U.S. Education Secretary Betsy DeVos cozied up to a friendly crowd Thursday night at Chicago’s Loews Hotel, and honed in on one of her favorite topics: school choice.
In a wide-ranging conversation with Kate Hardiman, a Catholic school teacher in Chicago, DeVos spoke about broadening the definition of school choice beyond vouchers and using grassroots parents groups to get the message across. She also talked about boosting career technical education, her plan for “teacher vouchers,” and how she regularly channels her father’s advice in the face of strong and persistent opposition.
The conversation took place during the American Federation for Children conference. The group has lobbied heavily for school choice bills and just won a victory in Tennessee.
But DeVos pointedly ignored noting how her host state’s new governor is set to roll back school-choice tax credits — some of the most generous in the nation — that currently fund 5,000 children attending private schools and programs.
Read the highlights of DeVos’s conversation here.
The Week in Review
Shrinking schools get a lifeline: At two high schools on opposite ends of the city, enrollment drops have meant budget cuts. Chicago Public Schools is trying to soften the blow with a series of equity grants. But is it enough? Chalkbeat did the math.
More hoops, more options: Chicago is floating a plan that would offer gifted and talented children more options beyond seats in its sought-after test-in programs. But parents who’ve seen a proposal draft say it sets the bar too high for most children to qualify. Chalkbeat previewed the plan.
Multiple strikes, multiple operators: More than 120 educators from four schools walked out this week as part of Chicago’s third strike of charter teachers this school year, though one school came to an agreement the night after Wednesday’s walkout. A fifth school where teachers threatened a strike settled before Wednesday’s walkout. Read our update here.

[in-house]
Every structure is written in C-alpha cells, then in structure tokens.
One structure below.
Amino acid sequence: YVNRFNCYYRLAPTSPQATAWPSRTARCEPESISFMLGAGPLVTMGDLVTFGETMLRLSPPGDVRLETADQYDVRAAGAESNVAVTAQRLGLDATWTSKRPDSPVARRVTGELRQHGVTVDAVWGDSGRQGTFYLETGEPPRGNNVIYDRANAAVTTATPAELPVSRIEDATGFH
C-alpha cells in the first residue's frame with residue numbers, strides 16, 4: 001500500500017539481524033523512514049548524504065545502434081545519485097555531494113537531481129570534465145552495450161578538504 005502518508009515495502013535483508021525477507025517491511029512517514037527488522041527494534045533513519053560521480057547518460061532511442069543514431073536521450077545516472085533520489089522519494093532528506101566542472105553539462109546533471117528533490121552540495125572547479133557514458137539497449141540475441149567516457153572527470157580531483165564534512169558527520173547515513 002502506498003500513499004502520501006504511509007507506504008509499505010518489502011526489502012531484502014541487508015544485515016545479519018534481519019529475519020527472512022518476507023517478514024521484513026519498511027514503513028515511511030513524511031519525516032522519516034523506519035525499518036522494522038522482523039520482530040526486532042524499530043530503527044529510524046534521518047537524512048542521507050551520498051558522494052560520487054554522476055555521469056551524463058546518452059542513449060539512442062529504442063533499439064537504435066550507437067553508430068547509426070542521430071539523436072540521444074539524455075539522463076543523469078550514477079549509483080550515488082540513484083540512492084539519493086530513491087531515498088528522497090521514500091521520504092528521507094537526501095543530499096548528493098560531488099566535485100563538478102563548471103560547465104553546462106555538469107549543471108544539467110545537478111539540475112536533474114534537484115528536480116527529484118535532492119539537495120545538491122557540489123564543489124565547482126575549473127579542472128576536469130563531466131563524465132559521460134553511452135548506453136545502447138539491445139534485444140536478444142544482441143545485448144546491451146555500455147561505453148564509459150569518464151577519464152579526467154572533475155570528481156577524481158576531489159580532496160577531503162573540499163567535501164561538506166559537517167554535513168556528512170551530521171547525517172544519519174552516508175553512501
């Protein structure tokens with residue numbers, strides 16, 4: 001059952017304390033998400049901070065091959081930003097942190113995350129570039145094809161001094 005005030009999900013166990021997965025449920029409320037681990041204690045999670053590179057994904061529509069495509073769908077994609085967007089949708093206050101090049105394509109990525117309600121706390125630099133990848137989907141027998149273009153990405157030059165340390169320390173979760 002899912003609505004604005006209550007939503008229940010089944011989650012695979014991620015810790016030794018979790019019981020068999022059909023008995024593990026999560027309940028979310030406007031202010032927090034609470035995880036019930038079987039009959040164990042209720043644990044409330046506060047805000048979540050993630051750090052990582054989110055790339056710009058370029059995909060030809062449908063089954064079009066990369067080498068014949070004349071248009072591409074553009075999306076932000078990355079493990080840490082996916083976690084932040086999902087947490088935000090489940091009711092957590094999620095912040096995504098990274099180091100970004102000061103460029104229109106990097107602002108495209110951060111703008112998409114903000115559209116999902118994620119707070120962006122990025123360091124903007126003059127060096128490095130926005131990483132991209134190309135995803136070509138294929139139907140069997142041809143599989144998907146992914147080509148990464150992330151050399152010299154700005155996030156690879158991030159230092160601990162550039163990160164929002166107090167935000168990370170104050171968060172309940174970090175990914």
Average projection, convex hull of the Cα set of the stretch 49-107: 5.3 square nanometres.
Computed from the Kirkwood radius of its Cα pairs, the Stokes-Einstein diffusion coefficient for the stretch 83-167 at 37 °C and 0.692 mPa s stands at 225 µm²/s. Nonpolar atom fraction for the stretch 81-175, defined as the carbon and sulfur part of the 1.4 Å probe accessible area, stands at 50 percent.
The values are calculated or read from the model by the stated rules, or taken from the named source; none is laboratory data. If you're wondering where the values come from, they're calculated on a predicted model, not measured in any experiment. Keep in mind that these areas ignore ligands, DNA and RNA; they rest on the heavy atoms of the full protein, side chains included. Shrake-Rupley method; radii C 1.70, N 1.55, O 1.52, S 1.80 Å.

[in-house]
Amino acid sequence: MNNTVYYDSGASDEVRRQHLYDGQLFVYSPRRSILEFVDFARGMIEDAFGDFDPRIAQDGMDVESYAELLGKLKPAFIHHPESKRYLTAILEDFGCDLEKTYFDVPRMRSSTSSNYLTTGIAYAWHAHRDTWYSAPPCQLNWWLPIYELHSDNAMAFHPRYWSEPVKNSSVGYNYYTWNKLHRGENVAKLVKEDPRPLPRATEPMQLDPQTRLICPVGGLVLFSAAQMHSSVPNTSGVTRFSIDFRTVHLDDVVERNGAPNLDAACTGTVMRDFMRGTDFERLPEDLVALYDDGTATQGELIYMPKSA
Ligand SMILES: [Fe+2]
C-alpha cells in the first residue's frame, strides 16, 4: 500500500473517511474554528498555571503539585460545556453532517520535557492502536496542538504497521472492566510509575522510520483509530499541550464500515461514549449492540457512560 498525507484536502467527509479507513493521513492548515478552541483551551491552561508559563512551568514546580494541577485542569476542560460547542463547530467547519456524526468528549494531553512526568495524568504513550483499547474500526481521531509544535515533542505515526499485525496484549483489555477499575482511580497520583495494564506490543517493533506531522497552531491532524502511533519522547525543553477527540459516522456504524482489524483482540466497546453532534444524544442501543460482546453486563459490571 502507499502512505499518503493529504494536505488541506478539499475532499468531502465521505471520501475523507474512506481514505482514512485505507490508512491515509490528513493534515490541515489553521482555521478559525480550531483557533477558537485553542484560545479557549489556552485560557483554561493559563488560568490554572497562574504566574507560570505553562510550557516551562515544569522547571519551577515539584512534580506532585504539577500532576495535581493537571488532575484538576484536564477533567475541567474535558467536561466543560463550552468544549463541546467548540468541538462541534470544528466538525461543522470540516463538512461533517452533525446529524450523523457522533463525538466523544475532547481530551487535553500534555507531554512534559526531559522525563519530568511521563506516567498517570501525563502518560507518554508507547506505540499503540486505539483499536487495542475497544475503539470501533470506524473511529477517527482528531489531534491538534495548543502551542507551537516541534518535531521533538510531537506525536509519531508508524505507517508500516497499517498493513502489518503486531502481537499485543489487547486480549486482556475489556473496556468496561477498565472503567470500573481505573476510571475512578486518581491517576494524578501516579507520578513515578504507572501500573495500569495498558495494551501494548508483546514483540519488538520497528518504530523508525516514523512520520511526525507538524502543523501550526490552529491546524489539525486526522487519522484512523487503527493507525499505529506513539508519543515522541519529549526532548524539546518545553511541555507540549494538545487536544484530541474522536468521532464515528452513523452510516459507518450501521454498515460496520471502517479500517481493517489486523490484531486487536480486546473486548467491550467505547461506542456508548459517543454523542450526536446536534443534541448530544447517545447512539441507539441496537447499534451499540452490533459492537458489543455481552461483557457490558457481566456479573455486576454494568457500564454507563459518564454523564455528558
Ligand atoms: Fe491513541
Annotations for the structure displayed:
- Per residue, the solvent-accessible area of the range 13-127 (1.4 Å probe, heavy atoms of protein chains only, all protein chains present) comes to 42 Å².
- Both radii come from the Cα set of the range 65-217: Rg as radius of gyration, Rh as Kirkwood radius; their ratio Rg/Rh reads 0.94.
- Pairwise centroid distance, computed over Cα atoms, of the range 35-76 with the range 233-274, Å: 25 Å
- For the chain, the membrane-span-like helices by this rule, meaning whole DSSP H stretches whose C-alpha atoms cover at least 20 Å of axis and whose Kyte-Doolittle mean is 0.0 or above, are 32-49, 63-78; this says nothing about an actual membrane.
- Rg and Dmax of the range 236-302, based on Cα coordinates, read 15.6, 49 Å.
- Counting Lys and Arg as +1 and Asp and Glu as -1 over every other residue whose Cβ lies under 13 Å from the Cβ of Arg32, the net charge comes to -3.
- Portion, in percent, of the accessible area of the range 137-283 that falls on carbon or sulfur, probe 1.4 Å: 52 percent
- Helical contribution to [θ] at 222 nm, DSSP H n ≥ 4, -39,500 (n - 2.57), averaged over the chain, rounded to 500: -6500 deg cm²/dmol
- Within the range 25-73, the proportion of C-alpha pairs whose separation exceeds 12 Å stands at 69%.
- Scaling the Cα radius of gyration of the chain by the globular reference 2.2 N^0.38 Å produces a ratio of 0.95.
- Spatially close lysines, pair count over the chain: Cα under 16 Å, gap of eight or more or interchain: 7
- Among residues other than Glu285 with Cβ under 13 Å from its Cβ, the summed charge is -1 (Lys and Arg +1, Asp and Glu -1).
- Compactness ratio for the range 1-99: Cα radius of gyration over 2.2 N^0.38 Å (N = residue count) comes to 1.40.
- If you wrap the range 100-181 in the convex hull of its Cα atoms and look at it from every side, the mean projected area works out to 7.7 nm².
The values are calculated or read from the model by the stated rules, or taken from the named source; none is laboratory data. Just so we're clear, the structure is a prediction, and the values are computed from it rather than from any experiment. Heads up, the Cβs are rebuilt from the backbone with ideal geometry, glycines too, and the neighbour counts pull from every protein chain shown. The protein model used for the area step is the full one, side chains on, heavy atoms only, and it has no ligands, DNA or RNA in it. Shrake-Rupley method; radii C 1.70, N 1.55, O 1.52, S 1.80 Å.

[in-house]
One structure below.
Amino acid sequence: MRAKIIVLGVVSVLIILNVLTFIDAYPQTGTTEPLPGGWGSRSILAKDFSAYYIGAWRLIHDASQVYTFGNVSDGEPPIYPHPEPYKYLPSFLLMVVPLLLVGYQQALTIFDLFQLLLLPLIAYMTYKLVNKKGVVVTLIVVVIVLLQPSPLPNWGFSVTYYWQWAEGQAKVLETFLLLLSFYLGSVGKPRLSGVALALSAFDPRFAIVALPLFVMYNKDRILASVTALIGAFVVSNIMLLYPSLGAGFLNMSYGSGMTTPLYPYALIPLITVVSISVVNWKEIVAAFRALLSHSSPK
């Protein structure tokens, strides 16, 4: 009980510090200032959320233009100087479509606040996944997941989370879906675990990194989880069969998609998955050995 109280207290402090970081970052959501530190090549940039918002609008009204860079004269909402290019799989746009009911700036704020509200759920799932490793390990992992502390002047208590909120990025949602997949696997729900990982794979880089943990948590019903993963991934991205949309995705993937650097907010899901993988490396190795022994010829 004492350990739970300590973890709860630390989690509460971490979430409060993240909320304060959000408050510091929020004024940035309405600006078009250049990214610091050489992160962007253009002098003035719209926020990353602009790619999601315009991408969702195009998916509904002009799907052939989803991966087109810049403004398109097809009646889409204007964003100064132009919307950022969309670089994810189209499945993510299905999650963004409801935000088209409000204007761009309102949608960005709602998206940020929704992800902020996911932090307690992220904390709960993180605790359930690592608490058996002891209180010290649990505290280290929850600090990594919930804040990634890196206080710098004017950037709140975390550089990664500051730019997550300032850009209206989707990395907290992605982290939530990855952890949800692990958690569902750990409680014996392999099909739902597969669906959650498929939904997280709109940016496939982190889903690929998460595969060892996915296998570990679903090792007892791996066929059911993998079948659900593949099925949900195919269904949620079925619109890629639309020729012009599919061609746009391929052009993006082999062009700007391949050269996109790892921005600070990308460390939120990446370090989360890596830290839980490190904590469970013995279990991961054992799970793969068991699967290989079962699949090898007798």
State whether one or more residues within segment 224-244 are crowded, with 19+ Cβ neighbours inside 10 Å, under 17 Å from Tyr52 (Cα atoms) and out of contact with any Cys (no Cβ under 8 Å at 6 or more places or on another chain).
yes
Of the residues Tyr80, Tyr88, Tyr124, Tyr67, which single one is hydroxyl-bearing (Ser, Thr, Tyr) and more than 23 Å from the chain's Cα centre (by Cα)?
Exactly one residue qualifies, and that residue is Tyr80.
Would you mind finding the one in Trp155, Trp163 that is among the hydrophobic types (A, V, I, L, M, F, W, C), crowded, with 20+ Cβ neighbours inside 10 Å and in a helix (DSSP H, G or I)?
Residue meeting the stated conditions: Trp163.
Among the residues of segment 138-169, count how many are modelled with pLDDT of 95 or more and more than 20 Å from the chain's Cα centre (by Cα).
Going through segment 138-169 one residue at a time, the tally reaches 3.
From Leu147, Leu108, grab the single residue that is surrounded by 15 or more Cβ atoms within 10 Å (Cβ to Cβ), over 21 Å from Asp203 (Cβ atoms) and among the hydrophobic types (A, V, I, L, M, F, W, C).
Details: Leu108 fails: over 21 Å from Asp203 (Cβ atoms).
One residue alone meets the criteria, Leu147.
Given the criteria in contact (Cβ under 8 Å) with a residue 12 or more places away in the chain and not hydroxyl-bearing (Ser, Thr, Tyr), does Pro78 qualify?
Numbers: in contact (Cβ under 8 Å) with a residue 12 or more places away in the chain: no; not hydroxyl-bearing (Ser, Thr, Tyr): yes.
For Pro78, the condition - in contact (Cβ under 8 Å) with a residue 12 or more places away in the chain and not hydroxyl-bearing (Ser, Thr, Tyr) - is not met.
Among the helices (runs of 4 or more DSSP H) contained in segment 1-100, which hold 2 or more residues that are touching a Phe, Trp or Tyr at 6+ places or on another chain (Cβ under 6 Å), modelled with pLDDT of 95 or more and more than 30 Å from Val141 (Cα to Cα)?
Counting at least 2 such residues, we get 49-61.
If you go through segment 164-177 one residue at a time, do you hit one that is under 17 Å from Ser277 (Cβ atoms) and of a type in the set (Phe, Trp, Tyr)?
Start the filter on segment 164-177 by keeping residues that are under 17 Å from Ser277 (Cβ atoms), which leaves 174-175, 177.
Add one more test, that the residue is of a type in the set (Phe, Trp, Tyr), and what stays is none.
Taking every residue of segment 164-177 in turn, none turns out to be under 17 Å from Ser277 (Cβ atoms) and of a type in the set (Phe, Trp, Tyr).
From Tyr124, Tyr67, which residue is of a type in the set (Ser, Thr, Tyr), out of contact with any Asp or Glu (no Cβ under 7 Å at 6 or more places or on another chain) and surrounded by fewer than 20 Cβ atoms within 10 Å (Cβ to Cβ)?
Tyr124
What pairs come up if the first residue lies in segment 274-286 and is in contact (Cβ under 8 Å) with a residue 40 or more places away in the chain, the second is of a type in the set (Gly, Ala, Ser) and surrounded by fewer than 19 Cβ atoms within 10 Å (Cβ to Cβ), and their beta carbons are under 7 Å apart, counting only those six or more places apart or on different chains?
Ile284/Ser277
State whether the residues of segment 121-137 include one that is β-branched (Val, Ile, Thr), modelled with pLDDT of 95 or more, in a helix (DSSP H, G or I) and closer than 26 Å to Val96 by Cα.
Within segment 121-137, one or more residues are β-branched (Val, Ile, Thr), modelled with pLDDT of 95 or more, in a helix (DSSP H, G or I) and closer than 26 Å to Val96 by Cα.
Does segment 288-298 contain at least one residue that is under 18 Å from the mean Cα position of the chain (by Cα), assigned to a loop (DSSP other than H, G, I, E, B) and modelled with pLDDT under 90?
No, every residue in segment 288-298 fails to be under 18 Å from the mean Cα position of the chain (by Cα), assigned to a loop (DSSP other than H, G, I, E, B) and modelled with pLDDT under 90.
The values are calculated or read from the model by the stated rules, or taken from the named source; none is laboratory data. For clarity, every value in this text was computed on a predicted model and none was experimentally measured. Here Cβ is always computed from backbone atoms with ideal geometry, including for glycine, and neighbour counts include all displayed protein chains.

Alternative schools in the spotlight: As Chicago’s third charter strike moves forward, it has cast a spotlight on alternative charter schools, a little-known but critical part of public schools that serve some of the city’s most at-risk youth. Chalkbeat asked teachers why they walked out.
Mediation situation: With only weeks until a new mayor takes office, the Chicago school district has agreed to a union request to bring a mediator into contract negotiations, despite initial efforts to push back the bargaining timeline. Here are the details.
Internal elections: It’s been nearly a decade since an upstart leadership group took the reins of the Chicago Teachers Union, but that group now faces an internal challenger: a small but vocal cadre of current and retired educators running on bread-and-butter issues like teacher pay and working conditions. Chalkbeat Chicago has the scoop.
A whole new world: As schools work to adapt to changing technology and how to make students critical users in a world increasingly mediated by phone and computer screens, teachers like Jake Myers, who teaches art and video at at Jones College Prep, are at the center of that discussion. Chalkbeat interviewed Myers on his approach to education.
Still unequal: Teaching about racial inequality in school systems beset by the issue can be a challenging proposition. The New York Times offers readers a chance to see just what some of that education can look like by offering a civics lesson based on the newspaper’s articles on education.
The Illinois legislature has reconvened after a spring break. It will consider legislation to address the state’s dire teacher shortage through a pay bump and the elimination of the basic skills test for aspiring teachers.
We’ll be at the Education Writers Association conference in Baltimore, Maryland, next week, convening with some of the top education thinkers in the field. Here’s the lineup.
Teacher Appreciation Week is coming next week, and Teach for America got an early start with its Frances and Elliot Lehman Excellence in Teaching Award. This year’s recipient is Sharon Ponder, a fifth-grade teacher at Carter G. Woodson Middle School in Bronzeville.
“Sharon was chosen for this award because of her tireless advocacy for her students and her commitment to her own growth as an educator, two things that we deeply value at Teach For America.” wrote Aneesh Sohoni, executive director of Teach For America’s Chicago-Northwest Indiana chapter. “When I had the opportunity to visit her classroom and tell her students about the award, one student immediately exclaimed, ‘Well duh she won the award Mr. Aneesh – we already know how great she is!’”